Photo taken on July 14, 2020 shows the Golden Bauhinia Square in Hong Kong. [Photo/Xinhua]

The Hong Kong Special Administrative Region has gone through 25 years of ups and downs in the post-handover period, and now is the right time to review how we can better leverage the “one country, two systems” policy to take the city to another new dimension of development in the next 25 years and beyond.

Looking back after 25 years, this policy has been successfully implemented in the HKSAR despite a short period of serious interruptions in 2019. The policy has benefited the HKSAR as well as the country as a whole in many aspects.

Since 1997, Hong Kong’s prosperity and stability have been well maintained under the policy, and it has been playing two major economic roles for the country.

The first role is serving as China’s “bridgehead” to attract foreign investment to the mainland for development. The second one is serving as China’s window to the world so that China can learn market-oriented economic models from Hong Kong and other advanced capitalist markets in a controlled manner.

China has come up with innovative economic ideas that fit the country’s actual situation, lifting its economy rapidly in the past 25 years. Hong Kong itself has also benefited much from being the “super-connector” between the rest of China and the rest of the world, especially after China became a member of the World Trade Organization in 2001.

China’s 12th Five-Year Plan (2011-15), adopted in March 2011, endorsed and supported Hong Kong in developing offshore renminbi business. Now Hong Kong is the world’s largest offshore renminbi business hub.

On the other hand, the preferential treatment that Hong Kong has received under “one country, two systems” allowed it to conclude a win-win trade agreement with the mainland, the Mainland and Hong Kong Closer Economic Partnership Arrangement, or CEPA, in 2003.

The agreement offers early market access to local and international companies with qualified Hong-Kong-based companies, regardless of nationality or size, providing greater concessions beyond China’s commitments in its WTO accession.

Over the years, amendments have been made to the CEPA with new liberalization measures in a number of important service sectors, making it easier for Hong Kong service suppliers and professionals to set up enterprises on the mainland. This can certainly help Hong Kong to integrate efficiently into the Guangdong-Hong Kong-Macao Greater Bay Area.

For most of the past 25 years, Hong Kong has been able to hold on to its ranking as the freest economy, or among the freest, in the world.

In fact, for more than two decades, Hong Kong topped the Heritage Foundation’s Index of Economic Freedom until it was overtaken by Singapore and became No 2 in 2020.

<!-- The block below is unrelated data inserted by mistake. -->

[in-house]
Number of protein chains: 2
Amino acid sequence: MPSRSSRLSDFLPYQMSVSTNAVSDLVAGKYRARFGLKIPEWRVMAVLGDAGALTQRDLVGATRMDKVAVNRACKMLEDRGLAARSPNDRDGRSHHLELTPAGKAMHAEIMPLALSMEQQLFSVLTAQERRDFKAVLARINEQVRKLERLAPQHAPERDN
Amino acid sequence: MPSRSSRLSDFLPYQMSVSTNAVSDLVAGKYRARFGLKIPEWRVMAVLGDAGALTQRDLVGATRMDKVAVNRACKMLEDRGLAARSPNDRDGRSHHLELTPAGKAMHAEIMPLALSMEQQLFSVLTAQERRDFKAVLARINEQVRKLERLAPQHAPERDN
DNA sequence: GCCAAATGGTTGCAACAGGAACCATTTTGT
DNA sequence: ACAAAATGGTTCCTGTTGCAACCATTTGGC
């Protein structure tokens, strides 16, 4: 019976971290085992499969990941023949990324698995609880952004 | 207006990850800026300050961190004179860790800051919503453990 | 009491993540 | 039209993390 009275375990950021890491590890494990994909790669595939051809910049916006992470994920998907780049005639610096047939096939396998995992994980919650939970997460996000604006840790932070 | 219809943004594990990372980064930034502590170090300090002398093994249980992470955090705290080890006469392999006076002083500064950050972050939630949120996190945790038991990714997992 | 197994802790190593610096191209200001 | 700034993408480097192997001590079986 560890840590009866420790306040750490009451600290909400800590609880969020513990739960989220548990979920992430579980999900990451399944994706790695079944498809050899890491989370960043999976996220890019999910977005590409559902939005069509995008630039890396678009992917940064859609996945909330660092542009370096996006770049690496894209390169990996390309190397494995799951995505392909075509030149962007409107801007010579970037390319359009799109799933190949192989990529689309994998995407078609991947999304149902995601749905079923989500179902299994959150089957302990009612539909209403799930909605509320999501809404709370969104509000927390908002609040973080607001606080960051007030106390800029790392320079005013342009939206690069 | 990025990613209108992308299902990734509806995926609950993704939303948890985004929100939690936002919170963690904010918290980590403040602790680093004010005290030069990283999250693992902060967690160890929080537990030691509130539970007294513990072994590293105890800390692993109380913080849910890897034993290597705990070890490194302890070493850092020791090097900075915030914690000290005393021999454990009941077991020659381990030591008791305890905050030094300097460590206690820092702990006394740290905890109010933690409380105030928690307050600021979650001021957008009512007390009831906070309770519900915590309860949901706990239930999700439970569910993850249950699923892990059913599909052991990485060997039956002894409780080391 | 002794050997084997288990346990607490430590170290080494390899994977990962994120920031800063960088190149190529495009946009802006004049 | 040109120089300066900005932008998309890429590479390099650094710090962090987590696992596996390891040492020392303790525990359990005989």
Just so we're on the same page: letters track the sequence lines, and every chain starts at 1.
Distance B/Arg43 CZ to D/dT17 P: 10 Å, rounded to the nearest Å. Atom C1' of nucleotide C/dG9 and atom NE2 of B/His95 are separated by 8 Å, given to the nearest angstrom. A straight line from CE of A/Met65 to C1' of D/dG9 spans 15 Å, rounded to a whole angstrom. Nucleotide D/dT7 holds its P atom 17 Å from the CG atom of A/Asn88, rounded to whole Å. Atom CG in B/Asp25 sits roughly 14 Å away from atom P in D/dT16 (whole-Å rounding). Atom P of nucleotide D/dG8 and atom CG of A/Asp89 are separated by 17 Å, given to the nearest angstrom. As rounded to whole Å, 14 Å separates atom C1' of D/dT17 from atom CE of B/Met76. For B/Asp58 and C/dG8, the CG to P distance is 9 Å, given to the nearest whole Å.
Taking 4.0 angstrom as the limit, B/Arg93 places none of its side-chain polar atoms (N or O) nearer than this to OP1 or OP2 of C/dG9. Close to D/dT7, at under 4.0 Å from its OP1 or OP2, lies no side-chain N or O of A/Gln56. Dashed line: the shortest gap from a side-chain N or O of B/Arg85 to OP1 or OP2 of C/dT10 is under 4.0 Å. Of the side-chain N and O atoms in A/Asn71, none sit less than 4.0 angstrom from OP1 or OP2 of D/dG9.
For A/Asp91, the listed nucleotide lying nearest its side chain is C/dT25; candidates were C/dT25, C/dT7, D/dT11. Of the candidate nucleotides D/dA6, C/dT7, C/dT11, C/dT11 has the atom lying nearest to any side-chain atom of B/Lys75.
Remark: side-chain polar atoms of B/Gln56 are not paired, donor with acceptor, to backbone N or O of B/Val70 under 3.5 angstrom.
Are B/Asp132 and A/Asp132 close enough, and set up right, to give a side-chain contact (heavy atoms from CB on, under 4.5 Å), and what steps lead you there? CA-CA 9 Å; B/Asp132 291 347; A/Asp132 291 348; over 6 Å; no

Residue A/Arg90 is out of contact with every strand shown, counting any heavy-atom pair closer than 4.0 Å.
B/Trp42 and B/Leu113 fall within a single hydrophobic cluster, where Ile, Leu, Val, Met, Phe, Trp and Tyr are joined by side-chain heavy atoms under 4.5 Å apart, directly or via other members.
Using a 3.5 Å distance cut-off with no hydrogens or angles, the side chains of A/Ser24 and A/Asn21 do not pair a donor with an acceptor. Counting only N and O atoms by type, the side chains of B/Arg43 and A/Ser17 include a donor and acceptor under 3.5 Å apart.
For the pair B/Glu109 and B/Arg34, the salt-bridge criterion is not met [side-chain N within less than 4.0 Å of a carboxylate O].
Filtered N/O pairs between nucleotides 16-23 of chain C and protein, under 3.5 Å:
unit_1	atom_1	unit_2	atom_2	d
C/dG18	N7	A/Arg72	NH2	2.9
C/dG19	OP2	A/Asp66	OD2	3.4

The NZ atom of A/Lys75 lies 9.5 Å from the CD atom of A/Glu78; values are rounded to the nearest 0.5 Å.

However, the Washington-based think tank dropped Hong Kong from the index last year, saying that “developments in recent years have demonstrated unambiguously that those policies are ultimately controlled from Beijing”.

The sudden exclusion of Hong Kong from the index was announced eight months after the National Security Law for Hong Kong came into effect in June 2020.

The National Security Law has been effective in deterring the widespread subversive violent protests that almost turned Hong Kong upside down amid the 2019 social unrest. For any global city, law and order is the key to maintaining economic vitality. So the Heritage Foundation’s claim was unfounded and politically biased.

Nevertheless, some prominent business institutions gave justice back to Hong Kong. The Global Financial Centres Index, published by the United Kingdom consultancy Z/Yen, and the China Development Institute in Shenzhen reaffirmed Hong Kong’s third-place ranking as a global financial center after New York and London.

The International Institute for Management Development recognized Hong Kong in its World Competitiveness Yearbook 2021 as the seventh most competitive economy in the world, while Canada’s Fraser Institute ranked Hong Kong the freest economy among 162 economies in the world in its Economic Freedom of the World: 2020 Annual Report.

As Hong Kong is reaching the halfway mark of “50 years no change”, some have wondered what the future will hold beyond 2047.

However, Shen Chunyao, head of the Basic Law Committee and Legislative Affairs Commission of the National People’s Congress Standing Committee, said, “In reality, 50 years is just a figurative saying. There will not be changes after 50 years. The first 50 years cannot change. There is no need to change after 50 years”.

Xia Baolong, director of the Hong Kong and Macao Affairs Office of the State Council, said the central government’s determination to implement “one country, two systems” in Hong Kong is unwavering, and the principle will remain unchanged if it can be successfully upheld.

With the implementation of the National Security Law for Hong Kong and the successful completion of three elections, “patriots administering Hong Kong” has been ensured.

Let all patriotic forces from various sectors of the community work together and follow closely the guidance given by the central government to improve Hong Kong’s governance continuously under the “one country, two systems” principle. Then we can hold our future in our hands firmly to grow alongside the motherland.

The author is a member of the Hong Kong Association of Media Veterans and a freelance writer. The views do not necessarily reflect those of China Daily.

作者 admin_philip